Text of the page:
CHICAGO — Last week we looked at a few self-portraits by famous artists, classifying these as predecessors to the selfie. Now that anyone can take a photo of themselves and upload it to social media for an insta-audience, the notion of what’s an arty smartphone self-portrait and what’s “art” is up for debate. Everyone can make what they want to call art, but not everyone is an artist, right? Who can and should make these selfies? This new set toys with these questions. Who’s an artist, and who’s just playing around with the smartphone camera?
CHICAGO — The selfie is a smartphone-produced version of the self-portrait, which has been a staple of art and photography history since artists first began seeing examining their own images in the mirror.
CHICAGO — Selfies are private moments made available for public consumption. When the shutter snaps, the subject realizes that they’re ready to admit something about themselves that would otherwise remain hidden.
CHICAGO — This week’s selfie series is curated entirely from submissions that you, dear internet reader, sent to me through the selfies [at] hyperallergic [dot] com email address. I was wondering if you’d accept the challenge to write, and indeed, you did. Thank you. You are fearless.
CHICAGO — Selfies are part of our voluntary self-exposure in an attempt to take back the images of ourselves, but in the process we also give ourselves away. In the world of online selfies, faces are the focus; bodies tend to appear as afterthoughts. We see a collection of eyes, lips, mouths, noses, and cheekbones, all of which makes facial recognition online that much easier. By voluntarily offering your face to the internet public space, you become a part of the identifiable masses. Isn’t it time you faced yourselfie today?
CHICAGO — The selfie is a mirror, an illusion of a mirror, an egotistical moment wrapped in time, and an embarrassing moment post-shave. But there is something curious about seeing your doppelgänger reflected back at you rather than running into him or her on the street.
CHICAGO — A few weeks ago, I thought that I’d had it with selfies It began with a simple Facebook post declaring: “Just say NO to SELFIES <3 <3 <3." Less than a week later, I found myself doing exactly what I feared: Alone in a dressing room at Target, I was snapping selfies with my iPhone, selecting the perfect one or two, and uploading them to Facebook. The selfies weren't over — in fact, they had just begun.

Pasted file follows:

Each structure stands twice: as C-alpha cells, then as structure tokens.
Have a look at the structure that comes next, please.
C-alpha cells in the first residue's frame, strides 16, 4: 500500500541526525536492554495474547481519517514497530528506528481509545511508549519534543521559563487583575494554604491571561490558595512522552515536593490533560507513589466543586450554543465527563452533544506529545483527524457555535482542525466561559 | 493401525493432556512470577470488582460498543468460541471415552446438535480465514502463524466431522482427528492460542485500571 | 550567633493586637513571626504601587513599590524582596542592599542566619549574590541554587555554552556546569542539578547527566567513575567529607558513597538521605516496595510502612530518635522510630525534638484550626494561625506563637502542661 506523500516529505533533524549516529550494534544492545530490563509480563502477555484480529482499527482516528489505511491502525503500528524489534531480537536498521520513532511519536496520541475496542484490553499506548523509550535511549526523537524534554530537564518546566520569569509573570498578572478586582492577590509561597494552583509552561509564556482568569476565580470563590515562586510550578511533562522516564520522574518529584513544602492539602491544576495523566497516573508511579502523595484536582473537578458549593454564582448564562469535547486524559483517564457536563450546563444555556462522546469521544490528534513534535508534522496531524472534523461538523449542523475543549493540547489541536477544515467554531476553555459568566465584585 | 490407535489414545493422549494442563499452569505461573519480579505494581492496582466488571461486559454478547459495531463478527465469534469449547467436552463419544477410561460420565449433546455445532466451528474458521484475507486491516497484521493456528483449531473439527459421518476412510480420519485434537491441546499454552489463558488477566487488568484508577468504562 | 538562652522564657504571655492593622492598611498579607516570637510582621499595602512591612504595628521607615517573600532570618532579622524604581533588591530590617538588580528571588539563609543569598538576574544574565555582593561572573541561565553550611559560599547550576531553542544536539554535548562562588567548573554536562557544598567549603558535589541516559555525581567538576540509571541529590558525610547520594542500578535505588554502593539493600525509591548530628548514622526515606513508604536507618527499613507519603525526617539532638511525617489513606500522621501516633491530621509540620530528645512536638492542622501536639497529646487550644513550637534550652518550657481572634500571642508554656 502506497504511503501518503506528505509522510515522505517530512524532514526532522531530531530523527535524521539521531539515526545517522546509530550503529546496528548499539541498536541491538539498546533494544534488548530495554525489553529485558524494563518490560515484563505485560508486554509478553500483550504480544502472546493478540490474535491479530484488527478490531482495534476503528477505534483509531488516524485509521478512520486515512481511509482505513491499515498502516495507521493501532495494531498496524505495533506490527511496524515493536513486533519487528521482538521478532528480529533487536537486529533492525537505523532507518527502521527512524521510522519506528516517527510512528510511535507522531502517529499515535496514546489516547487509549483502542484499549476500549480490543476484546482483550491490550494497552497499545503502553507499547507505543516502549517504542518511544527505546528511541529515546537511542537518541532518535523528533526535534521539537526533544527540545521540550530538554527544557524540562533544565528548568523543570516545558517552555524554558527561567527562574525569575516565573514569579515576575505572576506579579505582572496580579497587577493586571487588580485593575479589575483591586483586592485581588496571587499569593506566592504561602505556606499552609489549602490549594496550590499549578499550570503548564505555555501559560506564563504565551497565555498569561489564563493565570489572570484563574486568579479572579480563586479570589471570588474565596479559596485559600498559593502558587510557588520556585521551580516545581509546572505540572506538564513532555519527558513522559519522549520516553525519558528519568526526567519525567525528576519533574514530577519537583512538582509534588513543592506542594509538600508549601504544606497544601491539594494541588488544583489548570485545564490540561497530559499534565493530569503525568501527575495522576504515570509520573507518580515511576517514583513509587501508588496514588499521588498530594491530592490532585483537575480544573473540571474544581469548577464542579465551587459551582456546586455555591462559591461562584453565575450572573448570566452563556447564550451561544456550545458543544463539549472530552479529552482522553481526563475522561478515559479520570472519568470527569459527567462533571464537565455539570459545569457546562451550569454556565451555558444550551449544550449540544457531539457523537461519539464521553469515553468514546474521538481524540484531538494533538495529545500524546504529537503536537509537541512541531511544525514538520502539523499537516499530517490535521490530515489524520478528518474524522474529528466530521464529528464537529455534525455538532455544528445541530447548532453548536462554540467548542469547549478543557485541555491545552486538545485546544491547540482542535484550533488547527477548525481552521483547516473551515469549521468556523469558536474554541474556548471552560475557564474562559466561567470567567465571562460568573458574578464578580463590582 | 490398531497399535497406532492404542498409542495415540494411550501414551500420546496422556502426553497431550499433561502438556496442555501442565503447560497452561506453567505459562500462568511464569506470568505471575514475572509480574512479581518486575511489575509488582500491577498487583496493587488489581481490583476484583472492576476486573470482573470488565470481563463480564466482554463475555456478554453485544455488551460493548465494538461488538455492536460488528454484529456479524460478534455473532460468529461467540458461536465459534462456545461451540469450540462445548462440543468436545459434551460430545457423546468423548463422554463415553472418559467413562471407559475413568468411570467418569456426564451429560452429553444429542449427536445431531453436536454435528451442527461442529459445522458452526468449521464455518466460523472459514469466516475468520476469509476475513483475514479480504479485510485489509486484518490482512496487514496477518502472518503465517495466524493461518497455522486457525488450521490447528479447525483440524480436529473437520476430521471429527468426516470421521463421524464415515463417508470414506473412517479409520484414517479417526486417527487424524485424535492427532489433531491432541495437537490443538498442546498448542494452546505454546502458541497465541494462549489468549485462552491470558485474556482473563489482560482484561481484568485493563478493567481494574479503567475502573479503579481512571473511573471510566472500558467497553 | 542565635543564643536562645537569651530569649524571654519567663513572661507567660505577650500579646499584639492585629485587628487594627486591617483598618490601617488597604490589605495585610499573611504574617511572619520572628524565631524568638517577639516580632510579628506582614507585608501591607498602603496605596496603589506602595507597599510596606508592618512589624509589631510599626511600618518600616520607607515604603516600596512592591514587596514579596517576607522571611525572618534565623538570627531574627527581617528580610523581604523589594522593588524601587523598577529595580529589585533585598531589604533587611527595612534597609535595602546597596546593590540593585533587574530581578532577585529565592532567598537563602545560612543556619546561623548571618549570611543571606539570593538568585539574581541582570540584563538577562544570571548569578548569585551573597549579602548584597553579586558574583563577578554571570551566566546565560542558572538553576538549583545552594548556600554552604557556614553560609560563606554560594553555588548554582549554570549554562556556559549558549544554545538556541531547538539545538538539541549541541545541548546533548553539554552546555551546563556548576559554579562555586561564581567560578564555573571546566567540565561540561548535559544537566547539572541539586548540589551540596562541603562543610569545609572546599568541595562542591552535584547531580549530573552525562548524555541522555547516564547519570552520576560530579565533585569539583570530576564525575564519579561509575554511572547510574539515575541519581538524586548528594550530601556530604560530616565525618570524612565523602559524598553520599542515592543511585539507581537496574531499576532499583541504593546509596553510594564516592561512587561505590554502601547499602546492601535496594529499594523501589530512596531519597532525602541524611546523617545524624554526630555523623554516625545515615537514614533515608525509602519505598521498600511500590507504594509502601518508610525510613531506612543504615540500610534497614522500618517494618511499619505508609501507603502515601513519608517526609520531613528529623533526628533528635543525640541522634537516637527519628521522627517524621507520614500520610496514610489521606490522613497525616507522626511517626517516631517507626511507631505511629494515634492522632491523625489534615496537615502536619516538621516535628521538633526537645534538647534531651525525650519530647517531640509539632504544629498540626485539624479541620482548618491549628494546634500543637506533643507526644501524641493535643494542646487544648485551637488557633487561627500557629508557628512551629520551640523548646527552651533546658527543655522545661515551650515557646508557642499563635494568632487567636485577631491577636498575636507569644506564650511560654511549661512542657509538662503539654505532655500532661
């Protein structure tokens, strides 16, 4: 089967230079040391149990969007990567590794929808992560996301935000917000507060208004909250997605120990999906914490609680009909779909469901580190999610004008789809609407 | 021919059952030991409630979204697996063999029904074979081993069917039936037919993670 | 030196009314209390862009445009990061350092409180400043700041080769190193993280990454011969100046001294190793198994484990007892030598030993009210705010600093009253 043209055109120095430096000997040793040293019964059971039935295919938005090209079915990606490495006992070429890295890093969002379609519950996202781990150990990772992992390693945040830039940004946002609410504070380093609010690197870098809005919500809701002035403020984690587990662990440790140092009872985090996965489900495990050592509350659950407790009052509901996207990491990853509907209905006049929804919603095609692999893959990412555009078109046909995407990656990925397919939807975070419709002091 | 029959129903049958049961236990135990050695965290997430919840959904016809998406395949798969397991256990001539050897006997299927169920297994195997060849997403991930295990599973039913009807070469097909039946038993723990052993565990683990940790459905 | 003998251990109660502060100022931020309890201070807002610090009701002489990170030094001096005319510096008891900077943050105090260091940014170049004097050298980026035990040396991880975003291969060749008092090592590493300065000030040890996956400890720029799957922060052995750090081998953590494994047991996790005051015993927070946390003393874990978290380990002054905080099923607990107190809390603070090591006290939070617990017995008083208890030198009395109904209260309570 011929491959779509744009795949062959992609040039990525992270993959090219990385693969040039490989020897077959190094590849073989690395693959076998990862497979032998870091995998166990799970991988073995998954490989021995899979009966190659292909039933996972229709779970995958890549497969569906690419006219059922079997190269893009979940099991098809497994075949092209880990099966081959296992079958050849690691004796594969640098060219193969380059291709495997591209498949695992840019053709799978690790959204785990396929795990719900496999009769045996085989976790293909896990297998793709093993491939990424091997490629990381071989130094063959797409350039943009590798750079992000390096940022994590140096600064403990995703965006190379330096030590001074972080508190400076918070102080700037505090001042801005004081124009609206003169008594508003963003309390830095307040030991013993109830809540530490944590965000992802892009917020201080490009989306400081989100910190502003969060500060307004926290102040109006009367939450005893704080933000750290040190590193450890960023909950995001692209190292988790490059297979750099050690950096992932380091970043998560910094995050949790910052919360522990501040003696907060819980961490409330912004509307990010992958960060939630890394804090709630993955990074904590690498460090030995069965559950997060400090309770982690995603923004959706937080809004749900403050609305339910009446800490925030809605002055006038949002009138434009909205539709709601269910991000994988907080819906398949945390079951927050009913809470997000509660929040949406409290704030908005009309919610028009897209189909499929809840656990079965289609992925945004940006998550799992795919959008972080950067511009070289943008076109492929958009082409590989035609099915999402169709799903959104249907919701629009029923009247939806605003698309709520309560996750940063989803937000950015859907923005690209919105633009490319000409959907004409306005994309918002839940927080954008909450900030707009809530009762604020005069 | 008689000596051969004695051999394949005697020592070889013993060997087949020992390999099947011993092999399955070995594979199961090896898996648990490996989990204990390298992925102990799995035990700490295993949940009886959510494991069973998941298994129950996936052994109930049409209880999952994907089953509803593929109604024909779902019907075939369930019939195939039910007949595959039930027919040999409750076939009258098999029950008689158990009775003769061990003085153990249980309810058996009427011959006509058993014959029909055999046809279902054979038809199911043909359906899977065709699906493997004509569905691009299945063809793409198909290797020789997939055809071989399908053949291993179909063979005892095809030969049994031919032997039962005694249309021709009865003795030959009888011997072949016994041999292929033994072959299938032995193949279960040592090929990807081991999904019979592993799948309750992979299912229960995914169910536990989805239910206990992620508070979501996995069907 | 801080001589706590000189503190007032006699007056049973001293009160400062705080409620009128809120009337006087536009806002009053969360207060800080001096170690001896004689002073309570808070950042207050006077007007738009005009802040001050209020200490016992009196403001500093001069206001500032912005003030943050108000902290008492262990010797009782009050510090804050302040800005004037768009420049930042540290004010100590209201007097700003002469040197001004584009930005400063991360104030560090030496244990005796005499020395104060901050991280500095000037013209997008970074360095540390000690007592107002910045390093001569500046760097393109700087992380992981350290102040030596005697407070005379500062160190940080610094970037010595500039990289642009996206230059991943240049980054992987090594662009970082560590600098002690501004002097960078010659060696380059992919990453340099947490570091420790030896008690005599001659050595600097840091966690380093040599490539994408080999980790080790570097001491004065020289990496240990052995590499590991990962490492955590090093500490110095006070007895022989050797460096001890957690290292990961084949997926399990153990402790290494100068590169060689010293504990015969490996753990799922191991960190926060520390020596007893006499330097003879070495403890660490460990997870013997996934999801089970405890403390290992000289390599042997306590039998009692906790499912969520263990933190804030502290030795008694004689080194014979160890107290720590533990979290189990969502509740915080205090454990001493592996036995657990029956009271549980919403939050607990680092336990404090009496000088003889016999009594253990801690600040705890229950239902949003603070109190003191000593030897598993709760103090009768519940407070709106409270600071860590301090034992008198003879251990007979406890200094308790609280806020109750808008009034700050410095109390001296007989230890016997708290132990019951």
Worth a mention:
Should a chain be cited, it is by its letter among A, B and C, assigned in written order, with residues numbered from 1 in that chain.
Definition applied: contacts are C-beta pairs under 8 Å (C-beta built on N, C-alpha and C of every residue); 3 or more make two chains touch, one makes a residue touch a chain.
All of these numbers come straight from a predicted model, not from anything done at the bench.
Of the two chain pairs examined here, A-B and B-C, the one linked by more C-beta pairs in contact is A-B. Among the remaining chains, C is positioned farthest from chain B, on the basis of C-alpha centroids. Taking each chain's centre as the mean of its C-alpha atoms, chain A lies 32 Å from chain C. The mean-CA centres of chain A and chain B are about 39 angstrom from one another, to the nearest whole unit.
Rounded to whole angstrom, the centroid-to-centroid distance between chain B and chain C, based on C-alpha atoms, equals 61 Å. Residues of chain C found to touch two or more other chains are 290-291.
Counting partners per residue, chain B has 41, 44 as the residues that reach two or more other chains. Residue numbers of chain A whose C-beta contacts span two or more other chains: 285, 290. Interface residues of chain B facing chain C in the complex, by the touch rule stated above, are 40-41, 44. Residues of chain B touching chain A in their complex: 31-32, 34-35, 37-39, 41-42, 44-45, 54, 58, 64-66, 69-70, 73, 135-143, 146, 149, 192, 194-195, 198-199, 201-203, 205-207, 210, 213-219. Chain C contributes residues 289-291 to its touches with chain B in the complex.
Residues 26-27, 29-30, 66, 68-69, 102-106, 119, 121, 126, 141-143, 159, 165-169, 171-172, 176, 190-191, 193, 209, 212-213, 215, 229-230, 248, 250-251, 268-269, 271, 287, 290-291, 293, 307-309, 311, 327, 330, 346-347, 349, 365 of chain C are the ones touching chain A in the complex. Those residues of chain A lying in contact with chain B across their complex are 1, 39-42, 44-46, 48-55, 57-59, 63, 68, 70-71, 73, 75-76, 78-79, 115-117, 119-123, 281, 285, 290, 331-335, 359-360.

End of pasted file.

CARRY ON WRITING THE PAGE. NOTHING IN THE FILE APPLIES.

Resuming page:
CHICAGO — People online have a lot to say about selfies: love them, hate them, feel indifferent about them, think they’re part of internet culture, a place we escape to, meld with our offline lives (making for a fluid but often fraught IRL-URL existence), something we learn from. If the selfie is the ultimate mirror in our internet house of mirrors, and we can frame our photos and curate ourselves as we want others to see us, then surely the selfie is an act of taking back the gaze.
CHICAGO — “Even if you’re not doing anything wrong, you’re being watched and recorded,” 29-year-old spy Edward Snowden told the Guardian last Sunday, openly identifying himself as the whistleblower on the NSA PRISM program, which he alleged is gathering communications data not just from foreigners, as officials previous said, but on a vast domestic scale. Nine major internet companies, including Google, Microsoft, Apple, Yahoo! and Facebook are all named as offering up data, according to DemocracyNow. We are all being watched, and now we know it.
MELBOURNE, Australia — Cycling around the Melbourne suburb of Brunswick, I noticed a small shop entirely covered in photographs: the shop-front, the door, the lintel, everything. I stopped. Was it the work of someone with an obsessive-compulsive disorder? Was it some kind of art installation? When I met Vittorio, the proprietor, I learned that this was a work of self-portraiture on an incredible scale.
There was a period when I didn’t know what, exactly a “selfie” was. It sounded like a euphemism for something. Now I know that it’s just a self-portrait — our medium of choice for Facebook and Instagram (RIP). Two recent phenomena, faked selfies and art critic Brian Droitcour’s #artselfies, take the format to the next level.